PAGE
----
That backstop: something really must be done

Backstop. if you hadn’t heard the word before last December, you’ve heard enough times since that you could be forgiven for having nightmares where a huge backstop is chasing you throughout Europe, intent on tethering you to it.

The word is in today’s headlines because the British government was supposed to publish its plans for its relationship with the EU. But just as dissension within David Cameron’s Tory Cabinet was what led to the Brexit referendum, now dissension within Theresa May’s Tory Cabinet is what has led to the failure to release Tory plans for Britain’s relationship with the EU. Why the postponement? Because Theresa May wants to go ahead and include the promised backstop for the Irish border, David Davis wants nothing of the sort and is insisting on a time-limit being put on the backstop.

See what Davis did there? It’s like my agreeing with a local bike shop that my daughter, who’s mad about mountain biking, will buy any bikes and related equipment from that one local store. Which sounds pretty clear. Except then another member of my family then says “Yes, of course, let’s keep getting our mountain bike stuff from Mickey Murphy’s bike shop. Until the end of next week.” That kind of time-limit on our agreement changes the nature of the agreement and makes it virtually useless. Yet the other member of the family could conceivably argue that we’ve kept our agreement, we’ll buy only from Mickey Murphy. Until the end of next week.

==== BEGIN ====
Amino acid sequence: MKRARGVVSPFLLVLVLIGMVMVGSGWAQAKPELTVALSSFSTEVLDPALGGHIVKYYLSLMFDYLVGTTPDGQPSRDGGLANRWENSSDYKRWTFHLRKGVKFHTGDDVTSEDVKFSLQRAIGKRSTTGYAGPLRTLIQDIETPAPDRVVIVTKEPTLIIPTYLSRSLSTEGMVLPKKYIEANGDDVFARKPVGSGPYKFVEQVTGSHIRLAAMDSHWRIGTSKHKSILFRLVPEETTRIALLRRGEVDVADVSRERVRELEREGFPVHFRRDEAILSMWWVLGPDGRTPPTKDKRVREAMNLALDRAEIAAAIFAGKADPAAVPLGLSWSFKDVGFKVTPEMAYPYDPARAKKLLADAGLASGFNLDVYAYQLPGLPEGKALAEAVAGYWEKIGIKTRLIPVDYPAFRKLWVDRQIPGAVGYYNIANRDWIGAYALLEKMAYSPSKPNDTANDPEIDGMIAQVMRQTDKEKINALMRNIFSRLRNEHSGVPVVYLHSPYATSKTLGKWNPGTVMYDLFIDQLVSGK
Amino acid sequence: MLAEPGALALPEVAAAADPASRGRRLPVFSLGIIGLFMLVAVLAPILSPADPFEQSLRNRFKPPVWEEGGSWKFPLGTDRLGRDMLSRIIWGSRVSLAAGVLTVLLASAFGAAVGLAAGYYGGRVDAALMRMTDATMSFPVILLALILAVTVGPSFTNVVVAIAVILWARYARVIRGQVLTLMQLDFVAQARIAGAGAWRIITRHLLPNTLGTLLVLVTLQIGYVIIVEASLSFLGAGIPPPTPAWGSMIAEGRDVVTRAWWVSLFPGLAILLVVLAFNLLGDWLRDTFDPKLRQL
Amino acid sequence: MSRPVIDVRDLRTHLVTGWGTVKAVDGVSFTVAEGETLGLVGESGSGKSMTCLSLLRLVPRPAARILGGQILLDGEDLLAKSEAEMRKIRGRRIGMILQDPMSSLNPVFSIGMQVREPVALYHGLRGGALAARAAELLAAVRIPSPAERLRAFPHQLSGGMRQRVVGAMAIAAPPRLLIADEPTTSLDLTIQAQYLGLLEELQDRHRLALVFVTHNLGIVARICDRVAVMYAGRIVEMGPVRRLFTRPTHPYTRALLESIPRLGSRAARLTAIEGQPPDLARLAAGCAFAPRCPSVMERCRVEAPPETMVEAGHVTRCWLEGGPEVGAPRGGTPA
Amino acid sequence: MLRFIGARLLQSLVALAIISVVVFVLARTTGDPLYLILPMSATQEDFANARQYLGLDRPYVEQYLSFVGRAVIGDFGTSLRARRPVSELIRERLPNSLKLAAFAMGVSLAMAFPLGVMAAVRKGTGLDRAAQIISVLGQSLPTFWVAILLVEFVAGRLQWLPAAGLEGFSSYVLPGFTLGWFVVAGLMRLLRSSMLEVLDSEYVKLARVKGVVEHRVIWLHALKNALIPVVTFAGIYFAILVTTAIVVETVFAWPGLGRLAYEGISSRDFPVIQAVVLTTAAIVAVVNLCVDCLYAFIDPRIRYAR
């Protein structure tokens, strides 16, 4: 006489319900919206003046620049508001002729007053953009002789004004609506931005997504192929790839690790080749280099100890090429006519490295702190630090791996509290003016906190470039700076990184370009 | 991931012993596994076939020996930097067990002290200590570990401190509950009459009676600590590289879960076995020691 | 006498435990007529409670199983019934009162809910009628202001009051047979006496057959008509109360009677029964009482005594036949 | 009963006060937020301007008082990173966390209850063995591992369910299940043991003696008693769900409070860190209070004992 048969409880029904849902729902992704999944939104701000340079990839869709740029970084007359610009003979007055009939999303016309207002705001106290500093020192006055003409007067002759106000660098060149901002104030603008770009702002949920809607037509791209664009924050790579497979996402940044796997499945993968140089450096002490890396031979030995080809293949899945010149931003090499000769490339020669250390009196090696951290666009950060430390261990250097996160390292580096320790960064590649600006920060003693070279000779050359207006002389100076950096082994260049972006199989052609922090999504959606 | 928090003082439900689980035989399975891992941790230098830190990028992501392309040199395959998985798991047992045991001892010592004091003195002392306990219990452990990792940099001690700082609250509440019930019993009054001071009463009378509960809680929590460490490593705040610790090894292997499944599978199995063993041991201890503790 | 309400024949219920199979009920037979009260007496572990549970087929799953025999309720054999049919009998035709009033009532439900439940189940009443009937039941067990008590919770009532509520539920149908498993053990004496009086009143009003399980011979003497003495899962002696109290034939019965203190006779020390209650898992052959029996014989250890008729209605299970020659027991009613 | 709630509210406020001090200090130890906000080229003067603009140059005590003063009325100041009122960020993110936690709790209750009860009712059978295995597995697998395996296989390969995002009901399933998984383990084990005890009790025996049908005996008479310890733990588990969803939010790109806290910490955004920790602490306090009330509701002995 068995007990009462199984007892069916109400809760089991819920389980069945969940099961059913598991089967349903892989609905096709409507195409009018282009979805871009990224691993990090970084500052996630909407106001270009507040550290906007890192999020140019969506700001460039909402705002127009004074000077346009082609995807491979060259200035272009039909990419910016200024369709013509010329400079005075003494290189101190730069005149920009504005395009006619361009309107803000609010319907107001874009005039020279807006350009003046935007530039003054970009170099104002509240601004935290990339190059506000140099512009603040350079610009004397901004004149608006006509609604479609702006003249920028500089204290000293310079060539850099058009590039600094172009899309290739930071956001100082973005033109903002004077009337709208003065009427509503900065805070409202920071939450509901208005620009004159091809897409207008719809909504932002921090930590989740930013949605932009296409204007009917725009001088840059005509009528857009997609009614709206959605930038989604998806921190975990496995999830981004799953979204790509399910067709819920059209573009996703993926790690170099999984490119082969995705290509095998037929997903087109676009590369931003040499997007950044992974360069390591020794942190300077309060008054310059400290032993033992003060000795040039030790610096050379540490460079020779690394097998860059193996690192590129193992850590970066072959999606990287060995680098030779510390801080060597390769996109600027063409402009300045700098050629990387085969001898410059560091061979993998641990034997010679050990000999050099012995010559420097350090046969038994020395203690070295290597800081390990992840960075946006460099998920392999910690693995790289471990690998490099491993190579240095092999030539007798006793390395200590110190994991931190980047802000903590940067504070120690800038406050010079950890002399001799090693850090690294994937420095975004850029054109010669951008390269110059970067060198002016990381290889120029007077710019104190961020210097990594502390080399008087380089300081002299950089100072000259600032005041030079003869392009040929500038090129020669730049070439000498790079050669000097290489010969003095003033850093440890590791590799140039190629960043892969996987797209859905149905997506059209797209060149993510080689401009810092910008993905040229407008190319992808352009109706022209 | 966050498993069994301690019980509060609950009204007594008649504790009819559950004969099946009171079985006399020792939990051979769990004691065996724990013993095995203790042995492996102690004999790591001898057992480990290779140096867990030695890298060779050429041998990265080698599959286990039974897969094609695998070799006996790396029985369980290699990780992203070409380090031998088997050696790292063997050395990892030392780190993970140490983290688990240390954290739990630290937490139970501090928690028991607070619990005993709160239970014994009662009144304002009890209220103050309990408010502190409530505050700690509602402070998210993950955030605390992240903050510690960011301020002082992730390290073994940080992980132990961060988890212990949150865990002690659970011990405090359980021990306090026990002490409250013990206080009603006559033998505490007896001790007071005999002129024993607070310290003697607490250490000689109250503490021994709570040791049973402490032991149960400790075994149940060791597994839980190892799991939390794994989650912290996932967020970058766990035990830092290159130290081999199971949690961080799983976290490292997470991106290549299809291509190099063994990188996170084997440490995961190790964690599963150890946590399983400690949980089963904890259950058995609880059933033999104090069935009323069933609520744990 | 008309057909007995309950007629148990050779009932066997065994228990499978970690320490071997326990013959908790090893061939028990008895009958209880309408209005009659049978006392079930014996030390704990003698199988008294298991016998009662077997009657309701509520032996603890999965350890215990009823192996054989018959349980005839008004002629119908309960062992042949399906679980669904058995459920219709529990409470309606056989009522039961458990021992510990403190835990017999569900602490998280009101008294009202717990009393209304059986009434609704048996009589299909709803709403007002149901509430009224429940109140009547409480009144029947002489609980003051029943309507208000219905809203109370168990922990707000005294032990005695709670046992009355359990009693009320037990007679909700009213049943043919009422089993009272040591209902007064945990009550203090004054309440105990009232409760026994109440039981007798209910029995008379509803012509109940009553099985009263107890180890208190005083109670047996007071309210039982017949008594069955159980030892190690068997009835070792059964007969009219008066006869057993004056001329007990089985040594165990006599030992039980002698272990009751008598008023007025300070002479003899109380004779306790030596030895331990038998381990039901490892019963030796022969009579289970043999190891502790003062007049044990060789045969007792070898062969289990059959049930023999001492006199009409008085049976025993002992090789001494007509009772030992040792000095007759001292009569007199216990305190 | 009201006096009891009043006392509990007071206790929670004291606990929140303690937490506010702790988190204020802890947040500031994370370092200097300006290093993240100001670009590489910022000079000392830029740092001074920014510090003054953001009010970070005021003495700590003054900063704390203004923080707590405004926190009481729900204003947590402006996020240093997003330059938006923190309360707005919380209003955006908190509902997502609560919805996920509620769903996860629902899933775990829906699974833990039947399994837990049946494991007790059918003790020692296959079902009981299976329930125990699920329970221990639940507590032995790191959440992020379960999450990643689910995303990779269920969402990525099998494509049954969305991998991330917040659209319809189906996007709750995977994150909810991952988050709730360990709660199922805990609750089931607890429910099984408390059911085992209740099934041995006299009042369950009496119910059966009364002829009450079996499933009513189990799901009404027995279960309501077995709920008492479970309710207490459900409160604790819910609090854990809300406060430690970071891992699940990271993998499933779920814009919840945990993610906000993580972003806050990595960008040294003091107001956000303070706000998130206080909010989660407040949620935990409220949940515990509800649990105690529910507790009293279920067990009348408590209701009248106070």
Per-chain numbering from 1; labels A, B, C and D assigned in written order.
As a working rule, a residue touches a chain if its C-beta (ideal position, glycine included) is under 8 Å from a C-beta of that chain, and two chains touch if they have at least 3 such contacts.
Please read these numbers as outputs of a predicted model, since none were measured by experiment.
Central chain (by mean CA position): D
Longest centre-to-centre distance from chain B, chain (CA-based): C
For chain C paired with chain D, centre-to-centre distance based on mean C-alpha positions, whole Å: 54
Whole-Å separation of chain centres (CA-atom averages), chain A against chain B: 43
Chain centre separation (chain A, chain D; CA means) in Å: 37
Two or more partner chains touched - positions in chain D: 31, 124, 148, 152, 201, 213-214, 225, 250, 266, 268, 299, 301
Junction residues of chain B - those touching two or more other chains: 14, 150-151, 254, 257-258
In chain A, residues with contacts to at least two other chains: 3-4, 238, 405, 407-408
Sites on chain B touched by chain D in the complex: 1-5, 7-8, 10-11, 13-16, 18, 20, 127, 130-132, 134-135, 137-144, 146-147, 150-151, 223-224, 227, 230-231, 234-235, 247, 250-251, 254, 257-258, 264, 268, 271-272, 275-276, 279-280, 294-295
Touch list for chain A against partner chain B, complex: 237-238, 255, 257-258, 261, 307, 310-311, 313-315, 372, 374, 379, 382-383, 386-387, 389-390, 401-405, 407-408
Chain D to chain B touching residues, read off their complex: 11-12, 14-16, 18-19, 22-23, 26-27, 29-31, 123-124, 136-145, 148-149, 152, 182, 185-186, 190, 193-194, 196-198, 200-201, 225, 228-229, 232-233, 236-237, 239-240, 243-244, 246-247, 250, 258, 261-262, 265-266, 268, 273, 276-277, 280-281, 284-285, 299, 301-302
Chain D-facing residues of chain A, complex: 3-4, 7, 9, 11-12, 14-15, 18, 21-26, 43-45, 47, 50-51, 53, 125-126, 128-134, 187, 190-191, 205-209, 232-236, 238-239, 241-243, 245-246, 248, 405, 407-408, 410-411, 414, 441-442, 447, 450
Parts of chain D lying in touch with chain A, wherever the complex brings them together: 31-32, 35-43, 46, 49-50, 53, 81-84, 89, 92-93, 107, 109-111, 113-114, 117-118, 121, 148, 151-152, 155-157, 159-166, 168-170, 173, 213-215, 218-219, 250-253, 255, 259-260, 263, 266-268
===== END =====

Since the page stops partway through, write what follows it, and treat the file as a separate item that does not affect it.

That’s what Davis wants. And that’s what the EU, as far as we can tell, is not prepared to agree to. The BBC European correspondent last night described the backstopo as the EU’s “reddest of red lines.” Which makes me want to punch the air and say “Good on you, EU!”

Maybe we shouldn’t look too closely at the motivation behind the EU’s determination to avoid a hard border in Ireland. It may be because they want to maintain the Good Friday Agreement, which is what they say. Or it may be that they want to impress on other EU states that walking out of the club will mean you have to take a few kicks and blows as you leave. Or maybe it’s that the EU remembers the mangle it put the twenty-six counties through during the 2008 melt-down, and how the south meekly agreed to having its budget written for it by the EU. Now, for having been a good little boy then,  it’s getting its reward in these painful days.

Whatever the reason, let us clap hands and rejoice. The Brexiteers were intent on getting the magic word “time-limited” smuggled into the legal text of the UK-EU agreement, but it’s pretty clear the EU have spotted this cunning plan and have jumped on it with their hob-nailed boots and left it for dead.

Maybe there’s only one way that the Tory Brexiteers and their DUP side-kicks will learn the value of EU membership, and that is when they are exposed to the piercing cold winter that will come, un-time-limited, with a hard Brexit. Trouble is, the rest of us here in Ireland  will have to experience that same icy blast.

To quote the words of Queen Elizabeth’s ma when she visited London residents whose homes had been flattened during WW2: “Something really must be done.”

 

 

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